Bible Reading: Luke 19: I-to
I, the Son of Man, have come to seek and save those like him who are lost. Luke 19:10
PAUL EXITED the movie theater with some friends from the ski team and almost crashed into a group of guys from church. When Paul said hi to his church friends, they hit him with a look of disgust. Paul shrugged and kept walking, puzzling over the weird looks. They must have been upset with me because of who I was with.
Have you bumped into Christians who think it’s wrong to have good friends who are unbelievers? Or do you feel that way? Where should you draw the line when it comes to having non-Christian friends?
When it comes to showing agape love, the Bible says, “If you love your neighbor, you will fulfill all the requirements of God’s law” (Romans 13:8). As a Christian you are to make the health, happiness, and growth of anyone and everyone within your reach as important to you as your own.
Christians who think it’s wrong to have good friends among unbelievers often quote James 4:4: “Don’t you realize that friendship with this world makes you an enemy of God?” But that verse warns against buying into the world’s system of believing and behaving, not befriending the world’s people. Jesus spent so much time among unbelievers that he was mocked as a friend of sinners (see Luke 15:2). His openness to “sinners” like Zacchaeus was all part of his mission to “seek and save those like him who are lost” (Luke 19:10).
That mission of Jesus to save unbelievers gives you a huge clue about how to act in the world. If you can be friends with a non-Christian and keep up a positive influence for Christ, the relationship might be right. But if you are sucked into evil-if you are compromising Christian beliefs and behaviors-the friendship is most likely unhealthy.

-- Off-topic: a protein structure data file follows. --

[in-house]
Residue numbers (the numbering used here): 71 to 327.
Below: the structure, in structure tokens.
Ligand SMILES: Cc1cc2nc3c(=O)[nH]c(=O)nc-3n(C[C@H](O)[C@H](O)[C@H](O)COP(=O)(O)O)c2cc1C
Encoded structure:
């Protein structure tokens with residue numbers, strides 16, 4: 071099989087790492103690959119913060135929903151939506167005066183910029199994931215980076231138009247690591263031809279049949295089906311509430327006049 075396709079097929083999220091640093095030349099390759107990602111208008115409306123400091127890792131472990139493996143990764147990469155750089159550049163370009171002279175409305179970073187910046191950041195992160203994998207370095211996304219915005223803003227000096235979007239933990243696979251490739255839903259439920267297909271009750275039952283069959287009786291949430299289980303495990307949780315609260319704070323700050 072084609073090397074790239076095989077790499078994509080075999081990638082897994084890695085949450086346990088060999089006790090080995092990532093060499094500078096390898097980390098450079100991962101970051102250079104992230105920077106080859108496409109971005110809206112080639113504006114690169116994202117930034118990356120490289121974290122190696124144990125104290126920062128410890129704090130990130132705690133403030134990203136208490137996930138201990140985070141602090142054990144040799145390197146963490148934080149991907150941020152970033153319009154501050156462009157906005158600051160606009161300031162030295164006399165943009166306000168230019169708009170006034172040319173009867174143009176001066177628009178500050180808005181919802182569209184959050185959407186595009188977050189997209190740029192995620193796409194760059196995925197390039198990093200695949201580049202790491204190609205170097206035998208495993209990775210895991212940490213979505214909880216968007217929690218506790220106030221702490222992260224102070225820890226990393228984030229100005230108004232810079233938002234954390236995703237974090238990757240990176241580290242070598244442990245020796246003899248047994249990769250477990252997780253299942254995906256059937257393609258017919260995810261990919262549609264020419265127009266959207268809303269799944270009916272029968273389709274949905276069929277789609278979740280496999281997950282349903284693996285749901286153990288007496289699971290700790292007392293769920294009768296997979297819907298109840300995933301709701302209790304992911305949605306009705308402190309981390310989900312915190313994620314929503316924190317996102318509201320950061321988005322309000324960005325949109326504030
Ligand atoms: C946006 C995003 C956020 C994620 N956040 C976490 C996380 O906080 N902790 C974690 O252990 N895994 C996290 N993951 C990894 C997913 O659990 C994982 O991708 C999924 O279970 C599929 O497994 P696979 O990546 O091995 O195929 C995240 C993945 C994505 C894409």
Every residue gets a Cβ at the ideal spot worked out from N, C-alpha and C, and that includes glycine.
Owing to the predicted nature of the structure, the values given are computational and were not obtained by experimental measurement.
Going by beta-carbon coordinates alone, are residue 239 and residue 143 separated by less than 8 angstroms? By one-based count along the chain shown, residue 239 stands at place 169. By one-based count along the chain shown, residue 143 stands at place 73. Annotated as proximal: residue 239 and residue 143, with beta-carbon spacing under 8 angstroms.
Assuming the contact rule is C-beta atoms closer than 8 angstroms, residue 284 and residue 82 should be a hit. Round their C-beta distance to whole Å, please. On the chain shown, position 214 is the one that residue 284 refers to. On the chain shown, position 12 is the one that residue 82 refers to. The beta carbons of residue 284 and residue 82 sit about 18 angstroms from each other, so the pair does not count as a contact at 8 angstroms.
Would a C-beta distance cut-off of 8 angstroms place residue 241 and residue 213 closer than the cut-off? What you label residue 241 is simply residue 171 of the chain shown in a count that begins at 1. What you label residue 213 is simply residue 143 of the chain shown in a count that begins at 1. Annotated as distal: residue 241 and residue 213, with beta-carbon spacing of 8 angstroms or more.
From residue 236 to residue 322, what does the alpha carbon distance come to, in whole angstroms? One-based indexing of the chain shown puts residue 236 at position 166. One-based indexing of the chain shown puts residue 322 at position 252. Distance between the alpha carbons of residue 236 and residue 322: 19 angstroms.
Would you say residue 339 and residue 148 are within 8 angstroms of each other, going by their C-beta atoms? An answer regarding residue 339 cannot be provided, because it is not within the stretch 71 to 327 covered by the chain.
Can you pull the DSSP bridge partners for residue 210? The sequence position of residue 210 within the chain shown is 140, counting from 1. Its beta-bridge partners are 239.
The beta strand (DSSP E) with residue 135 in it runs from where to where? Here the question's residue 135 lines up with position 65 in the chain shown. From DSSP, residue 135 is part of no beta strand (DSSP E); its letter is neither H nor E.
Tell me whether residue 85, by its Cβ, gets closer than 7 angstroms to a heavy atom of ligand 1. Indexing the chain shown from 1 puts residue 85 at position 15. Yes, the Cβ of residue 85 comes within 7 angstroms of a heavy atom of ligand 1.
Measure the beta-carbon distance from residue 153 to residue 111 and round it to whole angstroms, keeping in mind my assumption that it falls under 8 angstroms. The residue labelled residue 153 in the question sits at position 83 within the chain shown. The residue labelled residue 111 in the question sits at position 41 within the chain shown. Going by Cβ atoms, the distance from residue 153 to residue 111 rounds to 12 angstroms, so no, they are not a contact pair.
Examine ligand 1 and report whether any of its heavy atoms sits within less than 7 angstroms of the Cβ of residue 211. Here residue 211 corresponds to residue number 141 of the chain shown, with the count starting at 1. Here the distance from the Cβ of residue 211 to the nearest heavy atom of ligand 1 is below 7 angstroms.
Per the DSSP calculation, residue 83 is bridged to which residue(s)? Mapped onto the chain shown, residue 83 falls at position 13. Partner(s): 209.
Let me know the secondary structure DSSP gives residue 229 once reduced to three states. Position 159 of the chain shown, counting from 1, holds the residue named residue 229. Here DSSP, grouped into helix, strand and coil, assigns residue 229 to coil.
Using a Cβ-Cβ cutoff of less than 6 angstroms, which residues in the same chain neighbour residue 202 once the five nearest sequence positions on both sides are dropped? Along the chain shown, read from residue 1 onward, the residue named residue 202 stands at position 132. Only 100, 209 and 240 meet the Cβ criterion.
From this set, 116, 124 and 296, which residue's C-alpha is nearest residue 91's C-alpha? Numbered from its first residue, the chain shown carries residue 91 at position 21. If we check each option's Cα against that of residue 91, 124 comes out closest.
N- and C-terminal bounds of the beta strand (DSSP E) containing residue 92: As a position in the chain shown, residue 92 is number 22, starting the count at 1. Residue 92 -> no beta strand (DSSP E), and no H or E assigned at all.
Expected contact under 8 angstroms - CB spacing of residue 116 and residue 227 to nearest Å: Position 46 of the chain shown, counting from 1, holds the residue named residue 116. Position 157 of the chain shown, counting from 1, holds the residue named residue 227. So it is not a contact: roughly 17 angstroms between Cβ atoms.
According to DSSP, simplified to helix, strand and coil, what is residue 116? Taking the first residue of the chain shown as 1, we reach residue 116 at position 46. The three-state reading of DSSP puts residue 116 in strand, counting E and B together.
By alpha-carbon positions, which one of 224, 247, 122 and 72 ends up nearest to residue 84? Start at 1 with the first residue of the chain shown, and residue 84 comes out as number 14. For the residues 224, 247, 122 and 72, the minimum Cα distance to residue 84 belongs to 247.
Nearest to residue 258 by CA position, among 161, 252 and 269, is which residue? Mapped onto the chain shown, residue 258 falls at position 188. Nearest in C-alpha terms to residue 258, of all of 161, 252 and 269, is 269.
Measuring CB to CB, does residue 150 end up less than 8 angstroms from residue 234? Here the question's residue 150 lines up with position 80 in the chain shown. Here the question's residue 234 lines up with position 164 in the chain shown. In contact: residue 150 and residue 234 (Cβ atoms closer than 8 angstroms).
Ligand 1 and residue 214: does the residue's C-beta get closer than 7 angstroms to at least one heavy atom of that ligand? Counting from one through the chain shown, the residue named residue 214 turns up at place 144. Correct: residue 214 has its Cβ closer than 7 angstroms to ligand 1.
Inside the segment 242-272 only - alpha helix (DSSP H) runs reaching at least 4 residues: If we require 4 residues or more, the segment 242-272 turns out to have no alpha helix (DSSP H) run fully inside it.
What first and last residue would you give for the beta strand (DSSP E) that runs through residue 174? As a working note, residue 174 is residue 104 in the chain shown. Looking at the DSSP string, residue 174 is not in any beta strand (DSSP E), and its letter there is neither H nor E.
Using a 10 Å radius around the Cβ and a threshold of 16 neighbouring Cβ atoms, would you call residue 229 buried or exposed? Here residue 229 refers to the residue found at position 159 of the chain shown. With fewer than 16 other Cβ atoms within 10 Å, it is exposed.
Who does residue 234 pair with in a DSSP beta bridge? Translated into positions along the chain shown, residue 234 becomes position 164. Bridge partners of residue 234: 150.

There’s more to think about with guy-girl relationships. The Scriptures are very clear: “Don’t team up with those who are unbelievers. How can goodness be a partner with wickedness? How can light live with darkness?” (2 Corinthians 6:14). If you’re a Christian and you date a non-Christian, the physical and sexual attraction can lead to an “unequal” partnership. You might think you can “missionary date” someone into God’s kingdom. Don’t fool yourself. If you are emotionally attached, you will do way better to remain single and pray for the salvation of that guy or girl than to risk a close relationship that may damage your faith.
REFLECT: Is there anything in your attitude toward having non-Christian friends that needs to change? What is it?
PRAY: Dear Lord, I pray that my love for the non-Christians in my life will lead them to a loving relationship with you.